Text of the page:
The ESO, originally based on the JAP engine, was built in Czechoslovakia and was predominately a speedway engine. However, with the help of Brisbane based engine builder Mick Farrell, this modified speedway-based push-rod engine ultimately held its own with the overhead-cam offerings of race-based replicas like the Molnar Manx and others. Aboard the Norton ESO Special, running in Period 3 for bikes up to 1962 in the 500cc class, Alan won the NSW Titles in 2003 (Eastern Creek), again in 2006 (Oran Park) and the Victorian Title also in 2006 at Broadford. Winner of 2004 Autumn classic (Oran Park) and the 2006 Southern Classic again at Broadford. As part of the Canberra Team he was a four-time ‘Bobby Brown Teams Trophy’ winning member; and was the winner of the ‘Sound of Singles’ event at the 2005 Barry Sheene Festival. Alan was also a podium finisher in the Australian National Titles in 2003 (Perth) and 2005 (Tasmania). In fact, the 2003 Australian title is very much the one that got away. Having placed second in race one and starting off the front of the grid for race two next to Superbike racer Peter Guest, Alan was in the hunt. The start of race two was a slightly confused affair, where Guest clearly jumped the start earning himself a 12 second time penalty. After finishing second on the road to Guest, Alan rode through parc ferme to the congratulatory pats on the back of his leathers from fellow competitors who believed he had won the race and overall title; only to find out subsequently that he had also been slugged with a jump start penalty.
In 2006/07, through an association with Rod Hunwick, Alan became the factory rider for an emerging enterprise based out of Camperdown. Hunwick had combined with Dare Jennings of Mambo fame and designer Carby Tuckwell in 2005, in a little venture called Deus Ex Machina – you might have heard of them! It must have been an incredibly exciting proposition having this early association with what would become the iconic Deus. In 2006 Deus ran sponsorship on Alan’s Norton ESO Special. However, in 2007, Deus purchased and prepared a 1961 Norton Molnar Manx 500 for Alan to campaign.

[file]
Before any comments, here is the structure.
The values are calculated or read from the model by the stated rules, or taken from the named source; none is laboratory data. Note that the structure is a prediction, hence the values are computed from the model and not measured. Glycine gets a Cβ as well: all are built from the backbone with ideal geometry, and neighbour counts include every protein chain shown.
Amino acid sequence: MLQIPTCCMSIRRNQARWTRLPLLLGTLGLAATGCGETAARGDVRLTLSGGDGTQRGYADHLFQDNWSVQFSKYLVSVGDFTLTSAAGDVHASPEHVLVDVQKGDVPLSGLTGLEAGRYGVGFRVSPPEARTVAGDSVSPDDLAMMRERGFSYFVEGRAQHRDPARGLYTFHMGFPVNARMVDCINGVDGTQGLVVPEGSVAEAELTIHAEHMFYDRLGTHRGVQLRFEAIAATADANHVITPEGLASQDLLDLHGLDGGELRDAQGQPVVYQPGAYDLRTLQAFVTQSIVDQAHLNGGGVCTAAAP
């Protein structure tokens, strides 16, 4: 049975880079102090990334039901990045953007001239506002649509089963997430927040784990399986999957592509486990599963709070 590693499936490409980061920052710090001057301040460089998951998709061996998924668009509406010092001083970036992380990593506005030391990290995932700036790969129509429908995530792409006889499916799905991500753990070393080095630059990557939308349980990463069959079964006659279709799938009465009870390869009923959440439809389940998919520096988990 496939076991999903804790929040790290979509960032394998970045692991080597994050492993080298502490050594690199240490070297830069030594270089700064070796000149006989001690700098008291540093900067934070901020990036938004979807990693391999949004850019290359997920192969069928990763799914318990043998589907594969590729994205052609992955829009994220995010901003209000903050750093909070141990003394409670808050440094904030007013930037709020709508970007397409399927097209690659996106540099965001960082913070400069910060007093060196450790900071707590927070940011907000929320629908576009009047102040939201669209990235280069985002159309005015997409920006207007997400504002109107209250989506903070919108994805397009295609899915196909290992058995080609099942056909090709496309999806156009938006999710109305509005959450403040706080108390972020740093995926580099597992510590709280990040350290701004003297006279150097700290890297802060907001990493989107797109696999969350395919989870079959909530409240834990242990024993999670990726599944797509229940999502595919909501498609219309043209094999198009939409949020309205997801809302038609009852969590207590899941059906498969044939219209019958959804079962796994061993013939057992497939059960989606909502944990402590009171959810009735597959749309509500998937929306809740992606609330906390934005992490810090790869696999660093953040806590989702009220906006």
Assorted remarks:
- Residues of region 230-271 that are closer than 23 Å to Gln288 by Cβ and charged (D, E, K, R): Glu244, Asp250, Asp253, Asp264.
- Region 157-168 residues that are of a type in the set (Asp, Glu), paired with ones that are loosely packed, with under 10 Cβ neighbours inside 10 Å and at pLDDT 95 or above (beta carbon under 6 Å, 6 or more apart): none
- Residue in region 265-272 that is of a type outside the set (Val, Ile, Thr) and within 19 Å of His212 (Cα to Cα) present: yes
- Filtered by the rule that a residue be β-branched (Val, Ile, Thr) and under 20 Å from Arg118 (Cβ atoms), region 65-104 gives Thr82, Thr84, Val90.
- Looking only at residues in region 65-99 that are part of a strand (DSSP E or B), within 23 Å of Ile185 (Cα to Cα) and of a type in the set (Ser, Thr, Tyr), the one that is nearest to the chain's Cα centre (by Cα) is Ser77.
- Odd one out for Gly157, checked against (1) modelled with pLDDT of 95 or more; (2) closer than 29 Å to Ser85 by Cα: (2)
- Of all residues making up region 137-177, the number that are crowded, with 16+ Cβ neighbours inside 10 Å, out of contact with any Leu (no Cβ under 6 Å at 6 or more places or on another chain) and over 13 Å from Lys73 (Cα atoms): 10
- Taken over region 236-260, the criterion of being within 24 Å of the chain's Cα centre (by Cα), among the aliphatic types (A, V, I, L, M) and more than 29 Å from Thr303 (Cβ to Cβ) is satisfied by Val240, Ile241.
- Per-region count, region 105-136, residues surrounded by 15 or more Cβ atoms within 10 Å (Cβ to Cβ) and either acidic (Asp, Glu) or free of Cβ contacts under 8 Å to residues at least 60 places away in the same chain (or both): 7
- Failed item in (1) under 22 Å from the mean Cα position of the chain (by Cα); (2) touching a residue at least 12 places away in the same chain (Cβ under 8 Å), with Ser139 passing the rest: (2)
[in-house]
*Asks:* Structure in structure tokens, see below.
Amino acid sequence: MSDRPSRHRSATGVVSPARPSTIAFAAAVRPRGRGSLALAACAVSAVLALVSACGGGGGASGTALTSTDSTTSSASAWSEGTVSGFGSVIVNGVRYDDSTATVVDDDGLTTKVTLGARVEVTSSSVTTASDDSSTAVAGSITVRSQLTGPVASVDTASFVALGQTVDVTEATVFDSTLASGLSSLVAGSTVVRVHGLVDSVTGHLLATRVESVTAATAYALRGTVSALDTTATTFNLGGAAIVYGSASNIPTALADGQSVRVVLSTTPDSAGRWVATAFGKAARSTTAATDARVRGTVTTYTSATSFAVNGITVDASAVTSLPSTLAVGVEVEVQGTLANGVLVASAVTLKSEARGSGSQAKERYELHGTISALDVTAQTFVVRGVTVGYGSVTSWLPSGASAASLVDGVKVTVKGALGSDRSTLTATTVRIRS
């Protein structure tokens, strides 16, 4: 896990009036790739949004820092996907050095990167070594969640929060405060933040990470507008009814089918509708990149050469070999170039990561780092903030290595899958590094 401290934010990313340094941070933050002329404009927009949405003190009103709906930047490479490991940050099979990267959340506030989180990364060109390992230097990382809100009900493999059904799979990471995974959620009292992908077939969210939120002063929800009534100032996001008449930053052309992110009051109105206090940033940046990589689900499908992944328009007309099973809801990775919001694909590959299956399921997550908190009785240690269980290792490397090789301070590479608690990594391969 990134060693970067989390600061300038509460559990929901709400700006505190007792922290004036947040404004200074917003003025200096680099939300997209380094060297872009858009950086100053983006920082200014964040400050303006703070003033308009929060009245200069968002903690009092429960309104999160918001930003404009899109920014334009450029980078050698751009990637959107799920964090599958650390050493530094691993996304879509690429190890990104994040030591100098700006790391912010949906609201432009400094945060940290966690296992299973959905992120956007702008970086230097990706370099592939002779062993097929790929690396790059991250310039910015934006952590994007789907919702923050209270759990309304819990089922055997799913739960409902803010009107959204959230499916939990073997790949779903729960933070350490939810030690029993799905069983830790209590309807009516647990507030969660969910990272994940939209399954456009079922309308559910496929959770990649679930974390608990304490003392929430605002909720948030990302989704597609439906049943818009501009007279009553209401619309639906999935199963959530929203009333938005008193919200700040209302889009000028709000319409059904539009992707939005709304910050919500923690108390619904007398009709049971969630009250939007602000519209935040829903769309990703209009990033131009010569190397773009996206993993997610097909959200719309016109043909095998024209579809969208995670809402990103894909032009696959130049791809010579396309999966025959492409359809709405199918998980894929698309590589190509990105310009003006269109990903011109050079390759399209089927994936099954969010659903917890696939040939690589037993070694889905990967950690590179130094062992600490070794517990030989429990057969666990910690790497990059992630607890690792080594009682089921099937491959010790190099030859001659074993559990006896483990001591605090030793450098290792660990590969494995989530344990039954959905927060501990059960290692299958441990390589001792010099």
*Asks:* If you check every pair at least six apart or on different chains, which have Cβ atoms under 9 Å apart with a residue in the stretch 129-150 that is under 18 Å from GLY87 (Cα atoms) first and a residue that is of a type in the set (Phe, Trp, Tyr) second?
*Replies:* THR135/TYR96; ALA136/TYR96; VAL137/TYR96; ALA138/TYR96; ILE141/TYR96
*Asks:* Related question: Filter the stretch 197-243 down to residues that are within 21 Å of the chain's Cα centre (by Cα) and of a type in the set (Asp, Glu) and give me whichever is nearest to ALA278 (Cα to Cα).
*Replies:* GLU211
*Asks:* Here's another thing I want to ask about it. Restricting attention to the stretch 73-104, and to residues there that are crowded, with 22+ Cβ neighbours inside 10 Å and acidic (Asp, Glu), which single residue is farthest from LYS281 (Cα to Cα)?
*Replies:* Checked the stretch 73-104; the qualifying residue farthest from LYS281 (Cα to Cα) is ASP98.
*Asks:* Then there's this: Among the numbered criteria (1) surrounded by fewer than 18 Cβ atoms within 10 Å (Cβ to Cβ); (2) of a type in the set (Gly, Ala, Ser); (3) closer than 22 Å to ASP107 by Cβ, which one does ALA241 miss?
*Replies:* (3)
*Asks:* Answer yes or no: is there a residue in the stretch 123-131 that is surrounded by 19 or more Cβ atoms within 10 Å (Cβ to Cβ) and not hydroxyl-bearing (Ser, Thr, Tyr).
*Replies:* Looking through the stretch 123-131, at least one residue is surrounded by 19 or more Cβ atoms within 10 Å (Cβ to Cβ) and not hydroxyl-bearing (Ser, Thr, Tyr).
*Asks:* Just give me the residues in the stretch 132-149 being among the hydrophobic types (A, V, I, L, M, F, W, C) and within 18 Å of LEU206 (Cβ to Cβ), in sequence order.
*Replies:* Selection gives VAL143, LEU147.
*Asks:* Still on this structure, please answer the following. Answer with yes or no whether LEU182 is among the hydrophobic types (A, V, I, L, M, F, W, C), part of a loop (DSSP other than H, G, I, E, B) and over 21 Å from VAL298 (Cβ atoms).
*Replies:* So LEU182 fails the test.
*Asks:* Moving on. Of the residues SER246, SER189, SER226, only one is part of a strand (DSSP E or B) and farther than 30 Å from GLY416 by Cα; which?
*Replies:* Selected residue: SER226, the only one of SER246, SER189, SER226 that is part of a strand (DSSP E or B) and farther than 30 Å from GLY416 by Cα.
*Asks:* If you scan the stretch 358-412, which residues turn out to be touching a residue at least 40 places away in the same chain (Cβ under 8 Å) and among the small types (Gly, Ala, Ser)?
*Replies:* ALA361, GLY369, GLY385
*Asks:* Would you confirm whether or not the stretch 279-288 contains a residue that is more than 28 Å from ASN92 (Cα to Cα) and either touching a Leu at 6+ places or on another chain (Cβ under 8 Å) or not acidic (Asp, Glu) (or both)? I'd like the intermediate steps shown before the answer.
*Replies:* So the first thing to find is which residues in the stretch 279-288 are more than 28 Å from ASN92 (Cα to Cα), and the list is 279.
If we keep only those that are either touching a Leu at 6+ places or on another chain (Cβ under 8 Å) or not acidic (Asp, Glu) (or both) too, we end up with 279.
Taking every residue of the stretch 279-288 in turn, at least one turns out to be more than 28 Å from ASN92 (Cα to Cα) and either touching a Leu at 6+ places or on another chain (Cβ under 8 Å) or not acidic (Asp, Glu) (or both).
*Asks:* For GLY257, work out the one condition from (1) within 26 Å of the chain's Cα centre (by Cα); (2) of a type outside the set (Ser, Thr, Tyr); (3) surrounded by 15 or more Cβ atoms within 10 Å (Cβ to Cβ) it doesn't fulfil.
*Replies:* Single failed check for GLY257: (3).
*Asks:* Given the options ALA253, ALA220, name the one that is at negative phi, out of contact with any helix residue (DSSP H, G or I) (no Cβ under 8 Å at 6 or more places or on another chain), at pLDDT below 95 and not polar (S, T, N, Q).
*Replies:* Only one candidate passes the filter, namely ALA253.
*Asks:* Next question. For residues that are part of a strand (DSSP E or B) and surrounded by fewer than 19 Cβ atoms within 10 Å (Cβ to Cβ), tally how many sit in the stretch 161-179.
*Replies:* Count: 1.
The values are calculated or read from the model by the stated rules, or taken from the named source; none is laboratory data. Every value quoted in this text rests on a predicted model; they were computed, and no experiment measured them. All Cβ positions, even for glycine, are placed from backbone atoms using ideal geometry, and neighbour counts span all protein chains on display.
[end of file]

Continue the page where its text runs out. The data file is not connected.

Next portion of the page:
Running at a number of classic events during 2007, Alan and the Deus Norton made its maiden outing at the 2007 Barry Sheene Memorial Race Meeting. As you would expect it was a beautiful bike, and according to Alan, very fast. Unfortunately, despite running strongly, the meeting ended in a painful DNF. As noted in a contemporary race report “Alan Wood (Deus Ex Machina Manx Norton) had run in the top four before an engine lock-up threw him off”.
At the 2011 International Island Classic he had the opportunity to race the 350cc and 500cc Hondas for Col Campbell.
This foray into classic Japanese motorcycles is remembered fondly by Alan who assessed the Jerry Kooistra built 500 as being one of the most impressive bikes he had ever competed on. And he must have really liked the 350 too, as that machine saw him win the class outright.Throughout his classic racing career Alan competed almost exclusively under the racing number 181.
He claims ignorance of any double entendre such a number may construe and became linked to this number, running it up to and including his last competitive ride to date at the 2017 Australian Titles. In a nice piece of symmetry, his last ride to date was aboard Peter Dunster’s 350cc Velocette. However, whilst nothing is confirmed, it would not surprise us in the least if we don’t see 181 back in action during 2019. In the interim however, Alan is an active member of the ACT Vintage and Veteran Motorcycle Club and enjoys getting out on his classic road bikes; a 1951 Triumph T100 and a 1957 Matchless 600 twin.